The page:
The Inter-American Commission on Human Rights has filed an application with the Inter-American Court of Human Rights in a case concerning the disciplining of judges in Honduras. Disciplinary proceedings were instituted against judges belonging to the “Asociación Jueces por la Democracia” (Association of Judges for Democracy), which issued public communiqués describing the events surrounding the destitution of former President Manuel Zelaya in 2009 as a coup d’état. This view directly contradicted the stance of the Supreme Court of Justice, which held that the events involved a constitutional succession. The Inter-American Commission concluded that the disciplinary proceedings were instituted for the purpose of punishing actions or statements by the judges, and that the grounds for doing so ignored the procedure contemplated in the Constitution. This case will enable the Inter-American Court to expand its case law on the principle of judicial independence and its implications in terms of stronger guarantees for non-retroactivity and due process in the context of a proceeding to punish a judge. Read more details about the case here.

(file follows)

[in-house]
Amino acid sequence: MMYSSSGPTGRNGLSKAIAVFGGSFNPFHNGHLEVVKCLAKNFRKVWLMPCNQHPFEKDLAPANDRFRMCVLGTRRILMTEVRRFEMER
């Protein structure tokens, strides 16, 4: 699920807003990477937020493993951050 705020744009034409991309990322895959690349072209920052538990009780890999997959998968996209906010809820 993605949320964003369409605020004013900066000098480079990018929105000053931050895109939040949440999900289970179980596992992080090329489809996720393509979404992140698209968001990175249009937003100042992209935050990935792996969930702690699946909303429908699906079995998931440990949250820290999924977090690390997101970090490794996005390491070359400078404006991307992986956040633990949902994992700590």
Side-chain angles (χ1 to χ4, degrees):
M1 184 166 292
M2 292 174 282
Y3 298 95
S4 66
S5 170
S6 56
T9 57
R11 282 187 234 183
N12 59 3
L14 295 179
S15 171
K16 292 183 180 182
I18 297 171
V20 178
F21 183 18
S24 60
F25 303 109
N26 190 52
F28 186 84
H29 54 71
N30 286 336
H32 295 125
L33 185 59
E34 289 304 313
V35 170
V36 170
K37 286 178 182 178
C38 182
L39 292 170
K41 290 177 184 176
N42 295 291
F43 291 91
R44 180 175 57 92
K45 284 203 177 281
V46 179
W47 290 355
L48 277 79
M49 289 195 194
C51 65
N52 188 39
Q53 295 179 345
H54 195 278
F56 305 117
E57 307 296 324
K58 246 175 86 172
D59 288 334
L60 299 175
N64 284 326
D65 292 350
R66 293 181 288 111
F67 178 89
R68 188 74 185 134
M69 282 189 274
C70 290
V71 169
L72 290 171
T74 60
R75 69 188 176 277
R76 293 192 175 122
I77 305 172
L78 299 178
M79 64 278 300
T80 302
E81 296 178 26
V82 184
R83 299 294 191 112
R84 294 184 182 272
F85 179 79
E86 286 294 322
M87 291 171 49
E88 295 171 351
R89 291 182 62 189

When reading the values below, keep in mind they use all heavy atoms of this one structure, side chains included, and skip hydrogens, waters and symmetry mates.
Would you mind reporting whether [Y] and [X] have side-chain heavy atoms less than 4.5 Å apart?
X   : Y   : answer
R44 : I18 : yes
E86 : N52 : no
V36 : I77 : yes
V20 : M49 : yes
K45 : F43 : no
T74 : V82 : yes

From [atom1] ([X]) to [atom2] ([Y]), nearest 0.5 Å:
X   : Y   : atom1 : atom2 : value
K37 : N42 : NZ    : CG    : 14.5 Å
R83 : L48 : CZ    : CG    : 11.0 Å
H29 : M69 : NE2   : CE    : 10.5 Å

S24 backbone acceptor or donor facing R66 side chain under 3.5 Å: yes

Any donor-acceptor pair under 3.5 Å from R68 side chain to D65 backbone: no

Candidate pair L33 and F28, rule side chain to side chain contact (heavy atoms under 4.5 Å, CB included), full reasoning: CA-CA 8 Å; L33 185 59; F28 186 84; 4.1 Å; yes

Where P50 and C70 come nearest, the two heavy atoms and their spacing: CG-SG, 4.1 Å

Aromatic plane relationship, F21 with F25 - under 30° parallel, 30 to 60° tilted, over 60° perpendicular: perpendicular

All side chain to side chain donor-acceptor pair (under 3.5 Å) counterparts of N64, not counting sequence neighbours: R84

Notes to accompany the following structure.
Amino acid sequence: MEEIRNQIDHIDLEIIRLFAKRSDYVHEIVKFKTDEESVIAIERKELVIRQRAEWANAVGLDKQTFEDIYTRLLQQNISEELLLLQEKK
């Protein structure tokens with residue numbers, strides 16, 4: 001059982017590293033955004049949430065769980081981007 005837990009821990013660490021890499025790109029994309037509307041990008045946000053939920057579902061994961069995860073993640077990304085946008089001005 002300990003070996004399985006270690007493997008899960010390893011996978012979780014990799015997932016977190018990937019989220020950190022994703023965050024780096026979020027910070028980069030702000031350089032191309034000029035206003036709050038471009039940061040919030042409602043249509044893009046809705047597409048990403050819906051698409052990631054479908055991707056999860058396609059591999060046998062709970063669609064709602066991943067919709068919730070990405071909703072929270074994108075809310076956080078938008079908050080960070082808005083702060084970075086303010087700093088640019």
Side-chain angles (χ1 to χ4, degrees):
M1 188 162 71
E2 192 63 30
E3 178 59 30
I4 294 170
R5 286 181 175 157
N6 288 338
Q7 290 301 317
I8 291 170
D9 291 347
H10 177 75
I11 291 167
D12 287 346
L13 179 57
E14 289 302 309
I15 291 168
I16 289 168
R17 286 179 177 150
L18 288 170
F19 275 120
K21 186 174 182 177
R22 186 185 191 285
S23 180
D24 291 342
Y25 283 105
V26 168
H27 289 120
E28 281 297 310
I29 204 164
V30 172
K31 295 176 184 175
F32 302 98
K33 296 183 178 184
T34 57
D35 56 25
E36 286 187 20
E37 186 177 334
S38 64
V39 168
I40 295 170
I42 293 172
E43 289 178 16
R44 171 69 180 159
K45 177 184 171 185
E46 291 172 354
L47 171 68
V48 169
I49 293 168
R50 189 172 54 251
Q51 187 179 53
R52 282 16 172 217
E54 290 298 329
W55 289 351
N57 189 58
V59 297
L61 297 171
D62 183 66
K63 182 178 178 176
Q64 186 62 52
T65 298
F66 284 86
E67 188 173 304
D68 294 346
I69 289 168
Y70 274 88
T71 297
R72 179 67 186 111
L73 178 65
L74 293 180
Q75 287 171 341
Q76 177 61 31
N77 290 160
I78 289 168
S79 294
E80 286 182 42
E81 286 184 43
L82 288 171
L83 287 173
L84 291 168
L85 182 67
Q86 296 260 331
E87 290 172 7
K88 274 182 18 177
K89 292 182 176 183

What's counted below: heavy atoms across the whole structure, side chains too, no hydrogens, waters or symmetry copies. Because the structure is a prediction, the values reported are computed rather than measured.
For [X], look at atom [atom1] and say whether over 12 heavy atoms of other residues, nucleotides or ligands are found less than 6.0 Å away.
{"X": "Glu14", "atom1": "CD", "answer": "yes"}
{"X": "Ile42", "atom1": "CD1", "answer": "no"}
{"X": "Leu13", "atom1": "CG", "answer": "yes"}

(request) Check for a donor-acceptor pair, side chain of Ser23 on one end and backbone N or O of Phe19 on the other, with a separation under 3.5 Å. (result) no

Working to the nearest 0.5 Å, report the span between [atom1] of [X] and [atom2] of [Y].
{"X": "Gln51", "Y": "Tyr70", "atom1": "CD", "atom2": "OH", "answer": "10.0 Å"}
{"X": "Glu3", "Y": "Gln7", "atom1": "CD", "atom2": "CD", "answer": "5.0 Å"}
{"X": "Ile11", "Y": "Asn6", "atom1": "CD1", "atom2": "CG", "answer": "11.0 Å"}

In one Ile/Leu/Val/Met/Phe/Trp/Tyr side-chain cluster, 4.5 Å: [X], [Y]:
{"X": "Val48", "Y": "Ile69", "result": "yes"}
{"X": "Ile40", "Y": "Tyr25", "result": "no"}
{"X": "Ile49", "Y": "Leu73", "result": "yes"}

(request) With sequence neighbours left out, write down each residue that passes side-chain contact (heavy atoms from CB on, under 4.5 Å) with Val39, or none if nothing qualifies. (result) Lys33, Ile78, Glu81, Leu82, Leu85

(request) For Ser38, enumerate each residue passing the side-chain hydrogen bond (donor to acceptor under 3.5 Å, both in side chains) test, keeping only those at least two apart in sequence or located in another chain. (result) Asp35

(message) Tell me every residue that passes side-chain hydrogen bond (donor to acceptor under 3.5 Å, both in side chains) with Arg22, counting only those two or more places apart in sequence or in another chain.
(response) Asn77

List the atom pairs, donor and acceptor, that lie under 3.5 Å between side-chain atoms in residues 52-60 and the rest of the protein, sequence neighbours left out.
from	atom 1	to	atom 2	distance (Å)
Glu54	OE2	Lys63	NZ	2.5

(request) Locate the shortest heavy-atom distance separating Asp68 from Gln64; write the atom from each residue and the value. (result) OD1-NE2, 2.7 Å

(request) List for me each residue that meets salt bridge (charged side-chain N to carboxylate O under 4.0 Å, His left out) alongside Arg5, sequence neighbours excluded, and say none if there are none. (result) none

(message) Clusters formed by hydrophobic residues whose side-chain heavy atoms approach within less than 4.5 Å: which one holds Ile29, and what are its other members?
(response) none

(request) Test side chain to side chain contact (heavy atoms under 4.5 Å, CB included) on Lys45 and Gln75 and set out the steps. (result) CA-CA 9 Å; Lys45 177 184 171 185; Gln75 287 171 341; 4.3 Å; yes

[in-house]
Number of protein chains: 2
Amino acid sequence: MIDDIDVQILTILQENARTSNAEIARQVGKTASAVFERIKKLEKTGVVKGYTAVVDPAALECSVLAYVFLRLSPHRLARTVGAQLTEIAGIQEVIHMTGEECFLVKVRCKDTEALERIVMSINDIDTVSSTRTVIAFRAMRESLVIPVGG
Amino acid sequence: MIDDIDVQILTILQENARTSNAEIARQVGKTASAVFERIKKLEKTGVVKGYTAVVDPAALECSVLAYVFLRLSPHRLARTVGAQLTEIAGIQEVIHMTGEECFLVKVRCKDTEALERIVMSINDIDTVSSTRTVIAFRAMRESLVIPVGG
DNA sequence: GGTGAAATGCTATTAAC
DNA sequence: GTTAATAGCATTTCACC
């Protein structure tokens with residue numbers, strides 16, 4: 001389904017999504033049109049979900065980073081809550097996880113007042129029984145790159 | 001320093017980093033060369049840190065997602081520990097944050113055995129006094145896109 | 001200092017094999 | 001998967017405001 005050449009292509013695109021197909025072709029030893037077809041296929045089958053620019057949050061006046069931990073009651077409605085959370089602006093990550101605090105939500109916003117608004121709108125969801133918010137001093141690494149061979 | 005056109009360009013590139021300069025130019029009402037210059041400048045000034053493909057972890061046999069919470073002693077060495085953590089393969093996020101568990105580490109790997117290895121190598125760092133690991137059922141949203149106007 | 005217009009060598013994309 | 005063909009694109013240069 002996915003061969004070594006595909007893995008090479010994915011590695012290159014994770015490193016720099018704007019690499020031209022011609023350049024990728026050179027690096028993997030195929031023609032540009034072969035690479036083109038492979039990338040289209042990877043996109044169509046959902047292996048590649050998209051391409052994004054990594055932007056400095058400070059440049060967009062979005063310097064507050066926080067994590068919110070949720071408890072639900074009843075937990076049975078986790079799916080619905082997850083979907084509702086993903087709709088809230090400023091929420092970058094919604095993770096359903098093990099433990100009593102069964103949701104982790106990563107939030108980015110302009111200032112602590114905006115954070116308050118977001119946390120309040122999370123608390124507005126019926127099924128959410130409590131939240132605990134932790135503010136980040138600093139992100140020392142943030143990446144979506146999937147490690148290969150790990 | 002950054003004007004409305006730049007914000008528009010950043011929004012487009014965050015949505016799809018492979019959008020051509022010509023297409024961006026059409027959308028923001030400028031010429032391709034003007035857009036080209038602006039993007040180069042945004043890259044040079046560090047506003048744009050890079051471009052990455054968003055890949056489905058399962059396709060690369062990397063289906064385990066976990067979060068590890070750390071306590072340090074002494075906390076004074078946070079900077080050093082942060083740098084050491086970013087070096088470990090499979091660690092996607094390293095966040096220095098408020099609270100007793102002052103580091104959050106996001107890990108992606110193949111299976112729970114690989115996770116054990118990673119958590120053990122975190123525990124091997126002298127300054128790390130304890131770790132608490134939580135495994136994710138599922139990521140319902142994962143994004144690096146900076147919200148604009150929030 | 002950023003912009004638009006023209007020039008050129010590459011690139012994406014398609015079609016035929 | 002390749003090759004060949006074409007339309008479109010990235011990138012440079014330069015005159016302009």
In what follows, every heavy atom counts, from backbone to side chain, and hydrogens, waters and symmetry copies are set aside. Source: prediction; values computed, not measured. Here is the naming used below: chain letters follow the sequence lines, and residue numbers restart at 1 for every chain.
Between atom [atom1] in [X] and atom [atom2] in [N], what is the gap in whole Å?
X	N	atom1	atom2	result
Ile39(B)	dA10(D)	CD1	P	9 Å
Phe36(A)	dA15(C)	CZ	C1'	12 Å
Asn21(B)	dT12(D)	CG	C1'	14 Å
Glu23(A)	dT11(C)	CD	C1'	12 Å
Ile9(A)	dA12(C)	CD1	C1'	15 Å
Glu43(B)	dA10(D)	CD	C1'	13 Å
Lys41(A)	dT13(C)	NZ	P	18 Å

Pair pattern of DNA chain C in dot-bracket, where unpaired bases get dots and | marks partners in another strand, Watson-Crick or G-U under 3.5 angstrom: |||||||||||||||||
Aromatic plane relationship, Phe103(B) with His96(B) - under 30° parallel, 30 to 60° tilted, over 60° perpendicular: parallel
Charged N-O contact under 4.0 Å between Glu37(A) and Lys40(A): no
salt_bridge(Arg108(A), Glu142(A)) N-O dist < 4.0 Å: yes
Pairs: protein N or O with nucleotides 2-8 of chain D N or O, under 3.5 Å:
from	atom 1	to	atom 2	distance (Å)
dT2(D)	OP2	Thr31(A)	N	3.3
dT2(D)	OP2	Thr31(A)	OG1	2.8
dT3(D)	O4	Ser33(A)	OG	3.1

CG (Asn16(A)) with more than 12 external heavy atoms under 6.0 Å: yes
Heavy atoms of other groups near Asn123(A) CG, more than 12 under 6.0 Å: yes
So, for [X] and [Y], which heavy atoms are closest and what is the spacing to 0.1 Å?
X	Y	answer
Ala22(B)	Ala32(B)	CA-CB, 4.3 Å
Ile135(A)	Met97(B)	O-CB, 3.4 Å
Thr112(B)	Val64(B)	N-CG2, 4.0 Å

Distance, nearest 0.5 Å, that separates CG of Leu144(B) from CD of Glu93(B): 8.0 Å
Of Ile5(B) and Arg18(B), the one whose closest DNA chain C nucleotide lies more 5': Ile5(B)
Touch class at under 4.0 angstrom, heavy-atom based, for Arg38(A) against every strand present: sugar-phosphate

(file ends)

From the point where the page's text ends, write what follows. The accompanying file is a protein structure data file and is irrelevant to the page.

Publications and Resources of Interest
A recently published book, Jus Post Bellum: Mapping the Normative Foundations (Oxford University Press 2014), takes a close look at the laws and norms that apply to the process of ending war and building peace. Edited by Carsten Stahn, Jennifer S. Easterday, and Jens Iverson, the volume provides a detailed understanding of the development and nature of jus post bellum as a concept, including its foundations, criticisms, and relationship to related concepts (such as transitional justice, and the responsibility to protect). It also investigates the relationship of the concept to jus ad bellum and jus in bello, and its relevance in internal armed conflicts and peacebuilding. Read a series of blog posts by the authors about the volume here.